“I felt then, as I feel now, that the politicians who took us to war should have been given the guns and told to settle their differences themselves, instead of organising nothing better than legalised mass murder.”
The atrocities in Paris were not an act of religion. They were an act of murder and killing by some very sick and disgusting individuals. The word religion in it’s most basic from means “to bind” or “to bond” – it signifies a coming together of people who share the same beliefs. A unity. If nothing else these events have proven once more that there is a solidarity in the world. As France grieves the whole world joins hands with it in a united show of support, love, strength and light in its darkest of hours.
“Spirituality is not religion. Religion divides people, belief in something unites them.” – Flight of the Phoenix.
Let’s blame the refugees…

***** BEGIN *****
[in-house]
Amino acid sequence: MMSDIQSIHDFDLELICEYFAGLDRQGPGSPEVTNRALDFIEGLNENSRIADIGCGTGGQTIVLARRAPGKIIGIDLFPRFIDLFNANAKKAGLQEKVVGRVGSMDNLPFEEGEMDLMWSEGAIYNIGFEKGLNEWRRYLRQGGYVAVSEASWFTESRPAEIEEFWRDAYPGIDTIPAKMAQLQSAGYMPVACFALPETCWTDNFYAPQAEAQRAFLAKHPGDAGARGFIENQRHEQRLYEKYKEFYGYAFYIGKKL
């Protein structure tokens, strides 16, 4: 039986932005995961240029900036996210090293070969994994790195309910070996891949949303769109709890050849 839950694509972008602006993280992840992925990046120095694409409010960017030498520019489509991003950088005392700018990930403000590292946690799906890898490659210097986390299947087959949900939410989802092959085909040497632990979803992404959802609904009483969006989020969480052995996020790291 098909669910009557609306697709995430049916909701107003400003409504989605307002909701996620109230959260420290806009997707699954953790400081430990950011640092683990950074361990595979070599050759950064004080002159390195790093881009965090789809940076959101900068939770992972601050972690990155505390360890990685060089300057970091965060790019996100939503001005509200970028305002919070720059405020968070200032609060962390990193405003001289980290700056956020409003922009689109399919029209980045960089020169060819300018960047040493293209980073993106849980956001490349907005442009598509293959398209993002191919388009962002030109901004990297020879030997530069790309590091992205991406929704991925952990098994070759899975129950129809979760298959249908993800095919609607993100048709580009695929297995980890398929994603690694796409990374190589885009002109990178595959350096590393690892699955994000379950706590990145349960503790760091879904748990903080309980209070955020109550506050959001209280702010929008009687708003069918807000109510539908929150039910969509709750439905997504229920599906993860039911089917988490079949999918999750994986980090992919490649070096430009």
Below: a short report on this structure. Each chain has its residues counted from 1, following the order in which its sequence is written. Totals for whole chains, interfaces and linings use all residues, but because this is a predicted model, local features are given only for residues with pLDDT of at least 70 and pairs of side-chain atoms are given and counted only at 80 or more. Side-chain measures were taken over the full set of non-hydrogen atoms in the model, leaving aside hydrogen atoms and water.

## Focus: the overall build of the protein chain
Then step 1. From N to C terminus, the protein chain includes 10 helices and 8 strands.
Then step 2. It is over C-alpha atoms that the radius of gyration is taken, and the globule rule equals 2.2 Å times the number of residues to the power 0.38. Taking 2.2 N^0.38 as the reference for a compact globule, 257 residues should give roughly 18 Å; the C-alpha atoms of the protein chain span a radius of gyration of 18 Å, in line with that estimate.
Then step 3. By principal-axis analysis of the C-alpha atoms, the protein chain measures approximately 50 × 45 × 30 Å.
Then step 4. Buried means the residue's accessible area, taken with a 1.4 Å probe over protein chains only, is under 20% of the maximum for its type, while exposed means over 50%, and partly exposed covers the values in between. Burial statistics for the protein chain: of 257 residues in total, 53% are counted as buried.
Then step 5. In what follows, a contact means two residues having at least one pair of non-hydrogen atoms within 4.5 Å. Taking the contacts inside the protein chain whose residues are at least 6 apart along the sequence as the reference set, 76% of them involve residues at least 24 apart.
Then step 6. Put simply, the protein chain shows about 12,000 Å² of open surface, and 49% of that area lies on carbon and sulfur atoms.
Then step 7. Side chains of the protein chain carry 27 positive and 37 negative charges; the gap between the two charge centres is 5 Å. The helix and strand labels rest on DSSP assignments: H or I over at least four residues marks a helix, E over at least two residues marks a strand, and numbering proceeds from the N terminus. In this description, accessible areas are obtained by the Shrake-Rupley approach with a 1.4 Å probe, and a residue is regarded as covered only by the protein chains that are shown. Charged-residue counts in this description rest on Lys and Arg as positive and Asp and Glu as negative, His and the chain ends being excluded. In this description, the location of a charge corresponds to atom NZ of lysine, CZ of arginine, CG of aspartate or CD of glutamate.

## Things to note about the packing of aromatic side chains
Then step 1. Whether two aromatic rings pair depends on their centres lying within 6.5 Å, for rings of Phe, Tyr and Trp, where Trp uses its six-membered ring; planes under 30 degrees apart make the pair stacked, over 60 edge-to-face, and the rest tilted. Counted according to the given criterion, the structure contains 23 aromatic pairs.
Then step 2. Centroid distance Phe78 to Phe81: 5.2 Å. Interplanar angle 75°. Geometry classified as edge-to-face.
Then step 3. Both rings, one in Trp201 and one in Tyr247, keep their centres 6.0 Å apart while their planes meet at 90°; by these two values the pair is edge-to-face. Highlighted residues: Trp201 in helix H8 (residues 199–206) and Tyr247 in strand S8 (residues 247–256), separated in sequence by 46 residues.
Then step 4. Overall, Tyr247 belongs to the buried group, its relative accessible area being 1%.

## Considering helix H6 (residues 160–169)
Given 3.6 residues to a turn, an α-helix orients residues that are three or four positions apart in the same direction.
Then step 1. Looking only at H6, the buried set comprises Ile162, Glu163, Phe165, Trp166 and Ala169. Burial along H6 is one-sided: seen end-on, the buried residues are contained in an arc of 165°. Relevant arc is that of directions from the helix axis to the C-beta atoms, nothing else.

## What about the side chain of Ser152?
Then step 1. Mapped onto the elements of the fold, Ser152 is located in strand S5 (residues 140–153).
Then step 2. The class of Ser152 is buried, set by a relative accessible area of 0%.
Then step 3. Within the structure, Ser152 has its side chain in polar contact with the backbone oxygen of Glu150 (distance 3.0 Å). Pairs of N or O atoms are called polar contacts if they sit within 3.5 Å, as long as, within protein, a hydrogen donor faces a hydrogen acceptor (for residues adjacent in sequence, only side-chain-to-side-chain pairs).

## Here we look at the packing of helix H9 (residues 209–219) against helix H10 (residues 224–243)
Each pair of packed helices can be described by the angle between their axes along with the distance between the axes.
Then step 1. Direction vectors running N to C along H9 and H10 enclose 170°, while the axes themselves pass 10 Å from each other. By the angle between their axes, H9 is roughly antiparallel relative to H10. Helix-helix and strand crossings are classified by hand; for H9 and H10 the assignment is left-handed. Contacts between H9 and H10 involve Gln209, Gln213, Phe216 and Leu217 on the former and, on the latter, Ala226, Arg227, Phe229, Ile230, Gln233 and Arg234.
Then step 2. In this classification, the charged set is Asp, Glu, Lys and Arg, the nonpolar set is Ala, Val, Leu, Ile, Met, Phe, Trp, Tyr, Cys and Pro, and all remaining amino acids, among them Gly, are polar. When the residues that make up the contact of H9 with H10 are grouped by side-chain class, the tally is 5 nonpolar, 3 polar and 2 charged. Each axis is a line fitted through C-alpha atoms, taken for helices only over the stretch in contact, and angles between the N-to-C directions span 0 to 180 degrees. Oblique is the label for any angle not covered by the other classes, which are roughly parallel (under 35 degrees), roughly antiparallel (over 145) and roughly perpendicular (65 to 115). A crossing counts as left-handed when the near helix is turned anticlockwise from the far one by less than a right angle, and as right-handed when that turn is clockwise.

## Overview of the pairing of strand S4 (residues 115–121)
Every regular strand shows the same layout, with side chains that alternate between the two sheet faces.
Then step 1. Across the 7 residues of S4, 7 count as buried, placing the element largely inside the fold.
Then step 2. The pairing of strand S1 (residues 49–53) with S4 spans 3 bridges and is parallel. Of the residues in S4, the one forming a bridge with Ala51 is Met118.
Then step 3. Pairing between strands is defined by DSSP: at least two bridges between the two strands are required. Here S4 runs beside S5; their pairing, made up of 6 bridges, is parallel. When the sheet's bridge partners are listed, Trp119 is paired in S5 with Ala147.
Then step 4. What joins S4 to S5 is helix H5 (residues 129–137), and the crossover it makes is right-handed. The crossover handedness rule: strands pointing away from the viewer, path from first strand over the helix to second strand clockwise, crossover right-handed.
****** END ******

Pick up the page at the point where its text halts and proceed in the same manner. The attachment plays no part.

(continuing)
I’ve seen numerous attempts to blame refugees for these attacks. Sorry but this is exactly the reason why these people are refugees. They are fleeing from places and lives where living in fear is a daily occurrence. I’ve seen numerous posts by people with pictures of World War 2 with quotes such as “we didn’t run away like cowards, we stood our ground and fought”. Sorry to burst your bubbles but did we not evacuate people to the country for safety? Did people not leave the UK and look for safer places to live in order to protect themselves and their families? This situation is no different. The main difference is they come from countries where they do not have the protection and support that we have in Britain. Our Governments put actions in place to allow for us to evacuate people safely. We forget how lucky we are. At the end of the day they are people. Let us not forget this. People who have experienced things that we cannot even begin to imagine. Show some humanity and compassion and just because you are lucky enough to have food on your table, a roof over your heads, a job to earn money and your family around you – please remember there are those in other countries that do not and by no fault of their own. They are all individuals and it must be as individuals that we form opinions of them. We cannot treat them all in the same biased way.